High cholesterol is known by many as the 'silent killer'. This is because, generally speaking, it is completely asymptomatic. That said, you may still ask yourself what are the signs and symptoms of high cholesterol. Unfortunately, once you start noticing signs and symptoms, you may already be in a very dangerous position.

Knowing What Are the Signs and Symptoms of High Cholesterol:

Some of the very first signs that you could spot that would suggest you may have high cholesterol include:

  • Suffering from angina, which is caused when one or more arteries are narrowed, making it more difficult to feed the heart
  • Having a heart attack, which will be caused by one of the arteries responsible for feeding the heart being narrowed
  • Having a stroke, which is caused when one of the arteries that feeds the brain or the neck becomes blocked
  • Experiencing pain while walking, which is likely to be caused by one of the arteries responsible for feeding the muscles of the leg being blocked.
  • Once any of these symptoms arrive, however, you will have an established circulatory and heart disease. Additionally, as you can see, these are very serious conditions. There are some other signs to look out for, however, which may help you avoid getting in that dangerous situation.

What Are the Signs and Symptoms of High Cholesterol Before Things Become Dangerous?

You must be aware of how high you risk is of developing a high cholesterol condition. If you are likely to have it, you should watch your diet, and get tested more regularly as well. Some of the risk factors to be aware of include:

  • Having a direct relative – parent, sibling, or child – who also has high cholesterol.
  • Having a parent or sibling who developed angina or had a heart attack before the age of 60 (female relative) or 50 (male relative).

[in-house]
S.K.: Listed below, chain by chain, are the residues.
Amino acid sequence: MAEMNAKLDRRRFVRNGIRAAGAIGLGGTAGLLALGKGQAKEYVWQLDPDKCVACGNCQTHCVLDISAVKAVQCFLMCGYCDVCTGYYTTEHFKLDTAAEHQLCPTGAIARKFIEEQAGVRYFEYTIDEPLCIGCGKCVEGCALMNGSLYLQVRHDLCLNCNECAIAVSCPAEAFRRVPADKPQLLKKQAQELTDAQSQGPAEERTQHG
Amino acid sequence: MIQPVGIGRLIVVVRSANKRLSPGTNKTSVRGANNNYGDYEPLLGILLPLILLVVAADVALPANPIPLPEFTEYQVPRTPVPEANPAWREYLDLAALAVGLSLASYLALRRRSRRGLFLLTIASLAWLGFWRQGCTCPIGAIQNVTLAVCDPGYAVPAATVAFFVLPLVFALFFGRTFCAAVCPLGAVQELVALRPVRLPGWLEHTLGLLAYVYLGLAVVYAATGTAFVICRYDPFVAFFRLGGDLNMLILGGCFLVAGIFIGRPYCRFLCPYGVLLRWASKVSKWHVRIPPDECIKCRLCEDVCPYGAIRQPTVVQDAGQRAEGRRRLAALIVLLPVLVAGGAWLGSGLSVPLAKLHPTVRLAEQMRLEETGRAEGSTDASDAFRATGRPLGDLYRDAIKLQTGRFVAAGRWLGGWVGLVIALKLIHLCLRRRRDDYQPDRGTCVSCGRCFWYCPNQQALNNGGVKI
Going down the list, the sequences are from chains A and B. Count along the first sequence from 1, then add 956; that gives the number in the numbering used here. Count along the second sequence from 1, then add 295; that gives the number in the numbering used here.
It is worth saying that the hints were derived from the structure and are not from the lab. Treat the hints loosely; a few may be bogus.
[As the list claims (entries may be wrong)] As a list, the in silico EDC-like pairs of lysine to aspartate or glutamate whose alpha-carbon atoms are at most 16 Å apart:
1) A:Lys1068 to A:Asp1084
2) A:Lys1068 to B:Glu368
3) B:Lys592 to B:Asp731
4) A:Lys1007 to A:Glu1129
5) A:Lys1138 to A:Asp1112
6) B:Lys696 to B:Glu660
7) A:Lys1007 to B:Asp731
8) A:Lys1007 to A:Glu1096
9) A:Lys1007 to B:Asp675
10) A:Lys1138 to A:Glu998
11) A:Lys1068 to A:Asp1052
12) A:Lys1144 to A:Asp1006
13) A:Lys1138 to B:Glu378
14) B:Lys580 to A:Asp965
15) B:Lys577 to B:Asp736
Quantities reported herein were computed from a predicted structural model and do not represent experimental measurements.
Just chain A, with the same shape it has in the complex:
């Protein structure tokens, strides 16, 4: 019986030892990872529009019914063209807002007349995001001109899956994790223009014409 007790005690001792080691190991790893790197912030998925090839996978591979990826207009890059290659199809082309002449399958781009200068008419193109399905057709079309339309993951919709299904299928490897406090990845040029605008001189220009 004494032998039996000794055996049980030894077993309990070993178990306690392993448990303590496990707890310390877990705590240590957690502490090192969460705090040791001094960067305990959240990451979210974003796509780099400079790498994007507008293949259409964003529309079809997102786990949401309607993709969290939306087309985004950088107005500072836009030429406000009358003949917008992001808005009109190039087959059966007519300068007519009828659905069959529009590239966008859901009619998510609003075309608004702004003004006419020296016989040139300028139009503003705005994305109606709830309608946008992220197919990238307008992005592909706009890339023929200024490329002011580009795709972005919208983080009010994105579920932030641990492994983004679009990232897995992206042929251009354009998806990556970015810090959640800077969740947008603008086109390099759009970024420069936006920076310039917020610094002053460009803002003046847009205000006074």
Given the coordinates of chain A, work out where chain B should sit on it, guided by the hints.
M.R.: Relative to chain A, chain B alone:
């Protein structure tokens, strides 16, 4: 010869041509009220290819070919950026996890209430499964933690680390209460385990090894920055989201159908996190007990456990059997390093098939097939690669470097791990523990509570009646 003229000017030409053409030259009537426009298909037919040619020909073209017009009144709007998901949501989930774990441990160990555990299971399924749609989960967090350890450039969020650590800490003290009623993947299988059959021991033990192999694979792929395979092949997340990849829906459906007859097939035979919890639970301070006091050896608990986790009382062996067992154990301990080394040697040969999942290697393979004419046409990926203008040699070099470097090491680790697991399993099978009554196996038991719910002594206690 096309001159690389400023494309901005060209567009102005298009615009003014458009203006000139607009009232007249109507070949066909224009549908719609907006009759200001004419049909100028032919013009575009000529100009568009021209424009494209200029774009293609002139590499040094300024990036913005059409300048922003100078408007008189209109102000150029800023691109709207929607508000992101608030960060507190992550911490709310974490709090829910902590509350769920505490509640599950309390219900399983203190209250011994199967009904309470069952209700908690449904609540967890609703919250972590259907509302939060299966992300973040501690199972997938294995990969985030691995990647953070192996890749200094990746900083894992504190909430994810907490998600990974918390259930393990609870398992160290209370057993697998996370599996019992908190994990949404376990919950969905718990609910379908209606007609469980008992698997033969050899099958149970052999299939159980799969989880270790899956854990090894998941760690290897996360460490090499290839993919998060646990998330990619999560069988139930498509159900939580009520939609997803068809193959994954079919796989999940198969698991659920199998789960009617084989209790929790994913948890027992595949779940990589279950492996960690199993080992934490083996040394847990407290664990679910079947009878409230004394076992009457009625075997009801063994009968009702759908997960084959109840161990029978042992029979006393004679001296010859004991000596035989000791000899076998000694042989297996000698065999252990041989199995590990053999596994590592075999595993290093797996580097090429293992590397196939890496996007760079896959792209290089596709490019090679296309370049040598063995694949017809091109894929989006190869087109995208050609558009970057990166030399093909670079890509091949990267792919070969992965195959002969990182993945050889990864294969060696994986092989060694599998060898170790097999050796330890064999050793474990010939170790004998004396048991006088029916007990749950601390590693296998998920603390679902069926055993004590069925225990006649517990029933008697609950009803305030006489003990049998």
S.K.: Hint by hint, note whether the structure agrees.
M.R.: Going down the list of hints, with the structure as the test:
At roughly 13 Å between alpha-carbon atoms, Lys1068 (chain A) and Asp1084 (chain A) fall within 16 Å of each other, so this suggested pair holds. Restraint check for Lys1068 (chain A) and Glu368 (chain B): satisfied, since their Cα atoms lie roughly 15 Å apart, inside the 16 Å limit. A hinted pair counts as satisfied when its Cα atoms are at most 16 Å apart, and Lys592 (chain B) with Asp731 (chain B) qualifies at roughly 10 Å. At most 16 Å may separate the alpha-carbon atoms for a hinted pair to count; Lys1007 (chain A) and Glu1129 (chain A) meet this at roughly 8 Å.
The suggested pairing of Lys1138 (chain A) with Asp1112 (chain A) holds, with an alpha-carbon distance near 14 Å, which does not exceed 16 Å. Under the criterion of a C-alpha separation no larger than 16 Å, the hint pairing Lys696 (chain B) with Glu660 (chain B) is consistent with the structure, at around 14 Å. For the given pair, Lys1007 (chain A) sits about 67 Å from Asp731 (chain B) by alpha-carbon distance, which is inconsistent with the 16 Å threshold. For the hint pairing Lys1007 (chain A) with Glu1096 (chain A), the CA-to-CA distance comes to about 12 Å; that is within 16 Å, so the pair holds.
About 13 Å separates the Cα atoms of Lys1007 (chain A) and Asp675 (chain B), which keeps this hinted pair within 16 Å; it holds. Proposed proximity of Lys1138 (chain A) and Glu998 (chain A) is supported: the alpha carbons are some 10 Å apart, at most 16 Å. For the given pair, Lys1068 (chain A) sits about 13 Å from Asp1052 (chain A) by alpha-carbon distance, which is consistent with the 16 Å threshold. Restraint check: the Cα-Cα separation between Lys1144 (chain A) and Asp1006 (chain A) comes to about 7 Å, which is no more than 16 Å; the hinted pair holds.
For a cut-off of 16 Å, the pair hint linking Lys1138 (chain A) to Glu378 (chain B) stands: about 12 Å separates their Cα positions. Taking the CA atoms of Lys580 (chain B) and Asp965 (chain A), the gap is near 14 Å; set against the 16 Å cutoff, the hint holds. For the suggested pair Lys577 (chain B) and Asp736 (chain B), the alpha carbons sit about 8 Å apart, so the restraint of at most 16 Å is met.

• Having type 2 diabetes.
  • Eating a diet that is high in saturated and/or animal fat.
  • Leading a sedentary lifestyle.
  • Experiencing a white ring around your eyes' iris, or your eyelids developing fatty deposits.

If you are in these risk categories, you don't necessarily have high cholesterol, but it does make it more likely. You need to engage in activities to lower your risk of developing heart and circulatory disease. Furthermore, you should make sure that, if you are over the age of 40, your cholesterol is tested every five years. It is likely that your physician will order a full health check, which will look into your chances of having a stroke or heart attack. They will generally also test you for kidney disease and diabetes.

Some More Risk Factors:

There are a few other risk factors to cardiovascular disease to be aware of. High cholesterol is just one of those risk factors. If you also have any of the following risks, the chance of developing cardiovascular disease also increases:

  • Being older
  • Being of South Asian decent
  • Having early heart disease in your family
  • Being a smoker
  • Being diagnosed with type 2 diabetes
  • Being overweight or obese
  • Having an apple shaped body